Netiquette: Internet etiquette in the age of the blog
by Matthew Strawbridge (Software Reference, 2006): 160pp, out of print, ISBN 0 95 546140 5.
Reviewed by Wendy Toole, former SfEPLine moderator
What a joy to find succinctly formulated within one book all those things that a moderator struggles to say without sounding anal or aggressive or just plain silly. If for no other reason, I am grateful to SfEP associate Matthew Strawbridge for writing this book because I can now crib bits of his text whenever I feel moved to wag an e-finger or call for online order.
But in addition to its usefulness to those of us who have to try to enforce the niceties of netiquette because of our roles in forums or other online communities, this book will make informative reading for anyone taking part in such a group.
'Lurk before you leap'
Matthew's suggestions for comfortable and courteous list life include:
- 'If you need to discuss two or more separate topics, post a separate message for each.'
- 'When replying to a digest, change the subject line to match the specific message you are responding to.'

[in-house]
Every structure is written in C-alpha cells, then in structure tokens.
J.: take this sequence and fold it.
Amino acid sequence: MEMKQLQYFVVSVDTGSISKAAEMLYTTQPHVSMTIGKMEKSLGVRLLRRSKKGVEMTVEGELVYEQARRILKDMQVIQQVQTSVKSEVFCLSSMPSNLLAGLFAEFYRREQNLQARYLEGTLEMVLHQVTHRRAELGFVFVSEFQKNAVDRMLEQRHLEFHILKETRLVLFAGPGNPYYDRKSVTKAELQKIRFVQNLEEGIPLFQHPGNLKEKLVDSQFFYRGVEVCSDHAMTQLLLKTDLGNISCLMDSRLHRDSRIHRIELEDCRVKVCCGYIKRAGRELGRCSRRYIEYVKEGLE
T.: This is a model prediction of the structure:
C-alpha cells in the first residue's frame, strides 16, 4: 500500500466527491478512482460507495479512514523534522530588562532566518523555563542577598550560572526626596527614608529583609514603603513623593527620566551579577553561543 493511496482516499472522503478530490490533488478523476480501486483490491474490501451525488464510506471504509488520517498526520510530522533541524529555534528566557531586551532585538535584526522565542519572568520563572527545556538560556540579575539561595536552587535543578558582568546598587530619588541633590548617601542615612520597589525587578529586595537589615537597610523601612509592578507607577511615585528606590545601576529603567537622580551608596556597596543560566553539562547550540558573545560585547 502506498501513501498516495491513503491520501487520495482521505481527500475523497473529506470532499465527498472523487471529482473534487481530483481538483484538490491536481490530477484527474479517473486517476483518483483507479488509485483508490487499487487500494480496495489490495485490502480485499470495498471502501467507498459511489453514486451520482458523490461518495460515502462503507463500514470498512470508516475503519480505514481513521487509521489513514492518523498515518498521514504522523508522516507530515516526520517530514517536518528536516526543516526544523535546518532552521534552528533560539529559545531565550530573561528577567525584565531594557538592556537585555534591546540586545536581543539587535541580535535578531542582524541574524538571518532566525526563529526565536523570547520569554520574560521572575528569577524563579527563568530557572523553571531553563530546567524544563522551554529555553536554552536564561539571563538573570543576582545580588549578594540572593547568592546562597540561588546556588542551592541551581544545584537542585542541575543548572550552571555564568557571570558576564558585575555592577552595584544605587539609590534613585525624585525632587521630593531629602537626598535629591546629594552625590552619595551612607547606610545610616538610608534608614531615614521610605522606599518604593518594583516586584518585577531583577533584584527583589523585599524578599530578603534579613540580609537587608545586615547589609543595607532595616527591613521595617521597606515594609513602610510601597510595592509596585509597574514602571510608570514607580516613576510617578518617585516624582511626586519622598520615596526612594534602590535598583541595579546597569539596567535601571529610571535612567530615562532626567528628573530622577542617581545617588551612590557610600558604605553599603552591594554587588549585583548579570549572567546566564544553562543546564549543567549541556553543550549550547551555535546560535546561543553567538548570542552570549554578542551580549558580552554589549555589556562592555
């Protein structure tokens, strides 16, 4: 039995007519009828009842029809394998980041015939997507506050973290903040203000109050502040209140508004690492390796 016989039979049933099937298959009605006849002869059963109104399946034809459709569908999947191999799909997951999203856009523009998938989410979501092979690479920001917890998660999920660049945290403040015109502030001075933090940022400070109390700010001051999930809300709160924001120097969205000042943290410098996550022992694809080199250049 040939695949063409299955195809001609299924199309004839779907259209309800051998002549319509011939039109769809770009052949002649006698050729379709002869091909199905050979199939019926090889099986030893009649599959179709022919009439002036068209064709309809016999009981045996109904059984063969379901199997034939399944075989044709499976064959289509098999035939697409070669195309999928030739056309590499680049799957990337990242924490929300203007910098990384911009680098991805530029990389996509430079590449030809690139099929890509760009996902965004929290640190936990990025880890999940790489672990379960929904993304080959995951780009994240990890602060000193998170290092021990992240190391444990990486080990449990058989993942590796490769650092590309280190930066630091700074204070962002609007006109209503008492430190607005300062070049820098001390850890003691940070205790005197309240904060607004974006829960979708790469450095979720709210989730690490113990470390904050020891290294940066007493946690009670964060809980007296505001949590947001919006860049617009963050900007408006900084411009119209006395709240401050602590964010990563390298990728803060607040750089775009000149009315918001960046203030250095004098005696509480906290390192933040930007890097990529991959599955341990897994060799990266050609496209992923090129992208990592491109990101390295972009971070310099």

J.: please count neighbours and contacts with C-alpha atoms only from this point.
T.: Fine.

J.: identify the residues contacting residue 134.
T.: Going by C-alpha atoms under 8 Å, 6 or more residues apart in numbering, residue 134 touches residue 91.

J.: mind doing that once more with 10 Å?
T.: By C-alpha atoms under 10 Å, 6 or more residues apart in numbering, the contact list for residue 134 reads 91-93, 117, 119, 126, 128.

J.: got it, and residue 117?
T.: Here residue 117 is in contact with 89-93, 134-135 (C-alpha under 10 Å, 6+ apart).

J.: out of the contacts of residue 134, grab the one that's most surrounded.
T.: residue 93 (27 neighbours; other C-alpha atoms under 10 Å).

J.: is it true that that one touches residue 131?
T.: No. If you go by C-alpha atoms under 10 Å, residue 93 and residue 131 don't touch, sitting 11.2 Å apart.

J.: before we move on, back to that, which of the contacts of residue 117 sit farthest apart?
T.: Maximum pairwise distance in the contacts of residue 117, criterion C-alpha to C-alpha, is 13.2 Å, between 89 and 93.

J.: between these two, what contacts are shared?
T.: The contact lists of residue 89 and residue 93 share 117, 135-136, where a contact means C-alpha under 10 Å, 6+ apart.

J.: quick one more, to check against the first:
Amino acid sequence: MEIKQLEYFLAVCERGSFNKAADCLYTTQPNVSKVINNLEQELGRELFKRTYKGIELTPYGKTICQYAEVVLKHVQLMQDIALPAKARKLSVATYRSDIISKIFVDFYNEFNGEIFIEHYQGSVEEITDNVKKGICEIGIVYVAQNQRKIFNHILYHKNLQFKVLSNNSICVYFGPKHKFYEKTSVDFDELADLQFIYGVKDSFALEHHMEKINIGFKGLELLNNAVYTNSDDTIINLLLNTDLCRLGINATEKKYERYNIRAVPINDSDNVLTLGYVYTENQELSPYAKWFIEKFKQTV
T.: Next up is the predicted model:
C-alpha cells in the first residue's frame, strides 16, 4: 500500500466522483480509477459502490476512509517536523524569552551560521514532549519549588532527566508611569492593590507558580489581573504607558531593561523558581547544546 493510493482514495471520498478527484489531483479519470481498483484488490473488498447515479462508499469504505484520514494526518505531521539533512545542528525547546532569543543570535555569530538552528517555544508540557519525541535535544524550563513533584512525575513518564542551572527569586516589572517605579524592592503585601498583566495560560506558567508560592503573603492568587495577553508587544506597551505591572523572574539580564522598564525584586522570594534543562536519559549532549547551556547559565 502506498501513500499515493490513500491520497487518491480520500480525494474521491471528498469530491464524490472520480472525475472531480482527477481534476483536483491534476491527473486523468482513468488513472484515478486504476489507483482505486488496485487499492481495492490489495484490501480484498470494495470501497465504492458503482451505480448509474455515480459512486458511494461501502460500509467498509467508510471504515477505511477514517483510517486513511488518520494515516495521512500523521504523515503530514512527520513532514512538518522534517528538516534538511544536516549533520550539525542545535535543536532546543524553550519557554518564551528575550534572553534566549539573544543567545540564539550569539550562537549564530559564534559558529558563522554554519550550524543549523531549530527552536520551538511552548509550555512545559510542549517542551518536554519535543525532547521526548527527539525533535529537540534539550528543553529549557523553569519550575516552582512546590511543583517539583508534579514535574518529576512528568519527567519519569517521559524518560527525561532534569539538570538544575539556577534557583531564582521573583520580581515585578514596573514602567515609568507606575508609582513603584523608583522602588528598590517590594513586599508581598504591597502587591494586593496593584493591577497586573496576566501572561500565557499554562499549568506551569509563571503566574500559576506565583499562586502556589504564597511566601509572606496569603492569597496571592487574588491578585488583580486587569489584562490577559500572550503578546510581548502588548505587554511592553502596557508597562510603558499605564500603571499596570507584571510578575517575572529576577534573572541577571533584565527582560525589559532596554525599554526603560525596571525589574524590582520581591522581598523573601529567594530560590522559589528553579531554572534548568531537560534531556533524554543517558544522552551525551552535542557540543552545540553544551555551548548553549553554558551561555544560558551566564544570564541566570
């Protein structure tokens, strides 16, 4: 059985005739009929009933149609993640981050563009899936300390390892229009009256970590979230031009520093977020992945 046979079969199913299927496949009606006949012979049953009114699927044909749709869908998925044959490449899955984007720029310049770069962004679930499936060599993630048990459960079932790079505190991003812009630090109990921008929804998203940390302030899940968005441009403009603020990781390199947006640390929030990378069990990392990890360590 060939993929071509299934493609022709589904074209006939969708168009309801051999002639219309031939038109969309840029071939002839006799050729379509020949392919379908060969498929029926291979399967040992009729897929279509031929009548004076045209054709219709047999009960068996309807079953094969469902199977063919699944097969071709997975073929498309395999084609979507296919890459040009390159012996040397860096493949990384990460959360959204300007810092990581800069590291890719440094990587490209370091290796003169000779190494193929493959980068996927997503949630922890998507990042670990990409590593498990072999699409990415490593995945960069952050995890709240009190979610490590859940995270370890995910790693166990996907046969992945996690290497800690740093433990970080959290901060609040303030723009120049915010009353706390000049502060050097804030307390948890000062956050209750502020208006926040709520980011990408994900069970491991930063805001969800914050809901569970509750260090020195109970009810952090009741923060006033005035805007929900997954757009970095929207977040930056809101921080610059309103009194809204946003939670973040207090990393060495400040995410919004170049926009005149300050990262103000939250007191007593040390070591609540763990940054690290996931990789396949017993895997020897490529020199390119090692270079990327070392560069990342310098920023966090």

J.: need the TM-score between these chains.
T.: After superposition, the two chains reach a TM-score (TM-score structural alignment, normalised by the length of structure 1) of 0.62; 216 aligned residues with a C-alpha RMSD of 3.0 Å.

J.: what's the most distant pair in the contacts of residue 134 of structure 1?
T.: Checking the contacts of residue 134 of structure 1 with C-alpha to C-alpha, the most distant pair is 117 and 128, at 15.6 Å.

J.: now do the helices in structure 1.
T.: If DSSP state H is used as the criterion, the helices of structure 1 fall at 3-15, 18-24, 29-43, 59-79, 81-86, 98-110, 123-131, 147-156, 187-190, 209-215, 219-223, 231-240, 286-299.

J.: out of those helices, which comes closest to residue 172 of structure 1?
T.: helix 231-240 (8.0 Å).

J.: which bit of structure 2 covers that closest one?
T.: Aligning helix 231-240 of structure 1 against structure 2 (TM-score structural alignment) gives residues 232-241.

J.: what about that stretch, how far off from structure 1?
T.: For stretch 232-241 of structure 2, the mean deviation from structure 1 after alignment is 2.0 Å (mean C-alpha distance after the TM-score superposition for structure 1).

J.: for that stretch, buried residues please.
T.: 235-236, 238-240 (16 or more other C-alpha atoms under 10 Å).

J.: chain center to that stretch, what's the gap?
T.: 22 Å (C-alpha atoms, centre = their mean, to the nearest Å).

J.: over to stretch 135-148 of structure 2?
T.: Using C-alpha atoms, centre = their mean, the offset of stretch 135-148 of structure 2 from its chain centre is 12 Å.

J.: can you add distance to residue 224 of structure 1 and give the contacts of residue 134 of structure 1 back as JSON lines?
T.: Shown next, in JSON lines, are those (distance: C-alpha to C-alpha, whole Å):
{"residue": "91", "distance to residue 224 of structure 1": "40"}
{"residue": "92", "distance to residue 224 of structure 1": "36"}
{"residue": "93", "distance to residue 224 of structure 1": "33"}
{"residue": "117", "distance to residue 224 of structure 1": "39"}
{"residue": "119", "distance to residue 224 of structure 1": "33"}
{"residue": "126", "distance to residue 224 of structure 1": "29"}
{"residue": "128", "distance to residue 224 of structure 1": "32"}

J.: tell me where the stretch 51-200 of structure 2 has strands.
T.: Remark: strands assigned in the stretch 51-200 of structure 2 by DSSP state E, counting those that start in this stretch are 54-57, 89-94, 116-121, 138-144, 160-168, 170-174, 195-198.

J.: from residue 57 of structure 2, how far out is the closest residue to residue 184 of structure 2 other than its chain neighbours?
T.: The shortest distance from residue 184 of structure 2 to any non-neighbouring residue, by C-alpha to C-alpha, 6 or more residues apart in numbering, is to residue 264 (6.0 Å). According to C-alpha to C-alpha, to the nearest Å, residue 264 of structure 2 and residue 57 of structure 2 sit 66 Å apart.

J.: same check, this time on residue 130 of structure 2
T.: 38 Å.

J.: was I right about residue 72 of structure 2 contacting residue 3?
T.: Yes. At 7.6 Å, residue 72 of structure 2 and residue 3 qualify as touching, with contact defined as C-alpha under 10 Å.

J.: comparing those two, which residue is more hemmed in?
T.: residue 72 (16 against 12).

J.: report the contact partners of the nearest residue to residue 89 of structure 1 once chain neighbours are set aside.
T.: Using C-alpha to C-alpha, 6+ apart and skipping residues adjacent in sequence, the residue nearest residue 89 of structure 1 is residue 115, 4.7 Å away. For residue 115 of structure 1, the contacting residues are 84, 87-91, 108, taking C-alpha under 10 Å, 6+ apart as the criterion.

- 'Read the whole thread (so far) before posting a reply.' (We know, we know, but how often do we forget?)
He also recommends new subscribers to 'lurk before you leap' (when you join a new group, spend a little time gaining an appreciation of the tone and content of the messages that are posted), but after that, 'don't be afraid to join in.' (You will find groups like SfEPLine friendly and supportive, so do think of signing up if you are not already a subscriber!)
As well as the section on forums that immediately caught my attention, this book contains much useful information and advice for anyone engaging in electronic intercourse of any kind.
Topics covered range from email signatures (keep yours to fewer than 70 characters, preferably in four lines and certainly no more than six, and think very carefully before including a short witty quotation or joke) and real-time messaging (if you have to leave the keyboard unexpectedly and you are in conversation, do let the other person know) to blogs (only create a blog if you really need one) and wikis (do not participate in an edit war).
'Flamebait' and 'trolls'
Even if you don't want to partake in any computer-based interaction beyond sending and receiving emails, you will benefit from reading the final section, which discusses advertising, sp*m and security. The chapter headed 'Miscellany' gives advice on, among other things, protecting your children online and - for those who belong to forums and discussion groups - avoiding 'flamebait' (messages posted with the sole intention of causing trouble) and 'trolls' (individuals who deliberately post flamebait).
Finally, the book contains three extremely useful appendices, covering text-message abbreviations, netiquette for ISPs and a summary of netiquette rules, and a glossary. No one in possession of this book need ever again mistake a Trojan horse for a virus or wonder whether to be gratified or offended when someone signs off to them 'GMTA'.